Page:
Conservatism by itself does not stand up to evil as Christianity does, but those whose primary identification is “conservative” should read Benjamin Wiker’s Ten Books Every Conservative Must Read (Regnery, 2010). It’s a pithy introduction to Aristotle, Chesterton, Voegelin, C.S. Lewis, Edmund Burke, de Tocqueville, Belloc, von Hayek, The Federalist Papers and their Anti-Federalist opponents—with material about Shakespeare, Jane Austen, Tolkien, and the Bible tossed in, and a concluding poke at “one imposter,” Ayn Rand.

Tuesday, May 11, 2010

 The quiet weapon 
Paul Ryan  | The fact that [Paul] Ryan now sees himself at the center of the congressional debate over government's role is something that surprises him. While a student at Miami University in Ohio, Ryan thought he'd become an economist. He read the likes of Milton Friedman and Ayn Rand and envisioned a life of theories. But he eventually learned that public policy is the arena where ideas really live or die. "That is what built this country—good ideas," he says.

Monday, January 04, 2010

• • Adulterers: Tiger Woods and me 
Atlas Shrugged  |Inaccurate  | I don’t know of anyone except the deceased writer Ayn Rand who sanctions adultery as a moral good. As government intervention skyrocketed in 2009, so did sales of Rand’s opus magnum, Atlas Shrugged. Neither of Rand’s adulterer characters in her 1,000-page novel repents of their sin when their affair becomes known.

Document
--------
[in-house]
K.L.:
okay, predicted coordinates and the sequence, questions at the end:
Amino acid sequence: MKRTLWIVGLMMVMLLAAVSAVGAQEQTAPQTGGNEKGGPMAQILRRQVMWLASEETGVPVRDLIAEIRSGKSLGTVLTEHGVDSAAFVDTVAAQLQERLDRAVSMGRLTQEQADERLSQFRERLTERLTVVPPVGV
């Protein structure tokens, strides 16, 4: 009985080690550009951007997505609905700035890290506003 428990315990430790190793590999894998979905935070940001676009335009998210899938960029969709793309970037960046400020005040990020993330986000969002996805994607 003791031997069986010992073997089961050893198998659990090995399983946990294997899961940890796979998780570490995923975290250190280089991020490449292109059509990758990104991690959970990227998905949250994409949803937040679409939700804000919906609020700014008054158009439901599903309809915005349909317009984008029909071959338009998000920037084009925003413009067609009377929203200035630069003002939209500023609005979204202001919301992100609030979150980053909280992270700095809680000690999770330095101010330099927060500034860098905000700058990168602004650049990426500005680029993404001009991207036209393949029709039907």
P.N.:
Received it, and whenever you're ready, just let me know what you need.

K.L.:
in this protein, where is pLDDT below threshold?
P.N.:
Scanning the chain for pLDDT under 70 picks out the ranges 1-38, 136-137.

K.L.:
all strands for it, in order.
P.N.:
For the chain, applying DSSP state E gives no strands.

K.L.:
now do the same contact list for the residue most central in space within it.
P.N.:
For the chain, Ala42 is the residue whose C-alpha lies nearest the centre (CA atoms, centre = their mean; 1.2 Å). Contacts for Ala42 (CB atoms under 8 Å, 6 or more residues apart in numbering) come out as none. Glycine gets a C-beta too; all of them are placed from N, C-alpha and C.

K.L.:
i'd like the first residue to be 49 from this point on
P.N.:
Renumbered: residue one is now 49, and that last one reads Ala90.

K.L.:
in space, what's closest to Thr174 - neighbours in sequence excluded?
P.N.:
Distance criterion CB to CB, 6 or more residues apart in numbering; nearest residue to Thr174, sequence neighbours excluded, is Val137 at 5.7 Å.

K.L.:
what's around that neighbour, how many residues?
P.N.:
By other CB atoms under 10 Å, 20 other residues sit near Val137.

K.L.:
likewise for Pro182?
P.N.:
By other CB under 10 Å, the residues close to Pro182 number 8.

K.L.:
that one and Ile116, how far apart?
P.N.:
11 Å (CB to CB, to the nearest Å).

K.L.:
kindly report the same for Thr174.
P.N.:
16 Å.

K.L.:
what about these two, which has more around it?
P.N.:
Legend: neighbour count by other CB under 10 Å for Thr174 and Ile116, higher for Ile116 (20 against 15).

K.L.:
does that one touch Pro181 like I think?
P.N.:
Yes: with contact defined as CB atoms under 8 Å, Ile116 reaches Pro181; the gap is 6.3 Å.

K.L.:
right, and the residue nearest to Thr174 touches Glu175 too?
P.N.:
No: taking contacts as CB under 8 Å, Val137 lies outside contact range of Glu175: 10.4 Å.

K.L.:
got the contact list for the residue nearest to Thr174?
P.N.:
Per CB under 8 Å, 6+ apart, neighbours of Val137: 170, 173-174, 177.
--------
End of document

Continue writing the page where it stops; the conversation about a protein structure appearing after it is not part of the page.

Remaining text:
Wednesday, January 14, 2009

• • No trade-off? 
Capitalism  | Ayn Rand observed, “America’s abundance was not created by public sacrifices to the common good, but by the productive genius of free men who pursued their own personal interests and the making of their own private fortunes.” It is time to learn the fundamental lesson of the last two centuries. Ordinary working people have done much better where entrepreneurs were allowed to take chances and get messy, to make mistakes and learn from failures, to succeed and reap the rewards of serving the consumers—all in the highly organized chaos of the market.

Friday, May 23, 2008

 Comfort seekers 
Atheism  |Atlas Shrugged  | In an age of public license, it's evident that even those who read do not heed. But that doesn't explain why the Bible remains so popular, No. 1 on a [Harris Poll favorite books] list that includes such anti-biblical titles as The Da Vinci Code (No. 6) and Atlas Shrugged (No. 9).

Friday, October 19, 2007

• • •The hole in her universe 
Atheism  |Atlas Shrugged  | Since Ayn Rand had no place for a sovereign, all-sufficient God who cannot be traded with, she did not reckon with any righteous form of mercy. It is indeed evil to love a person "for their vices." But mercy in the Christian sense is not "because of" vices, but "in spite of" vices. It is not intended to reward evil, but to reveal the bounty of God who cannot be traded with, but only freely admired and enjoyed.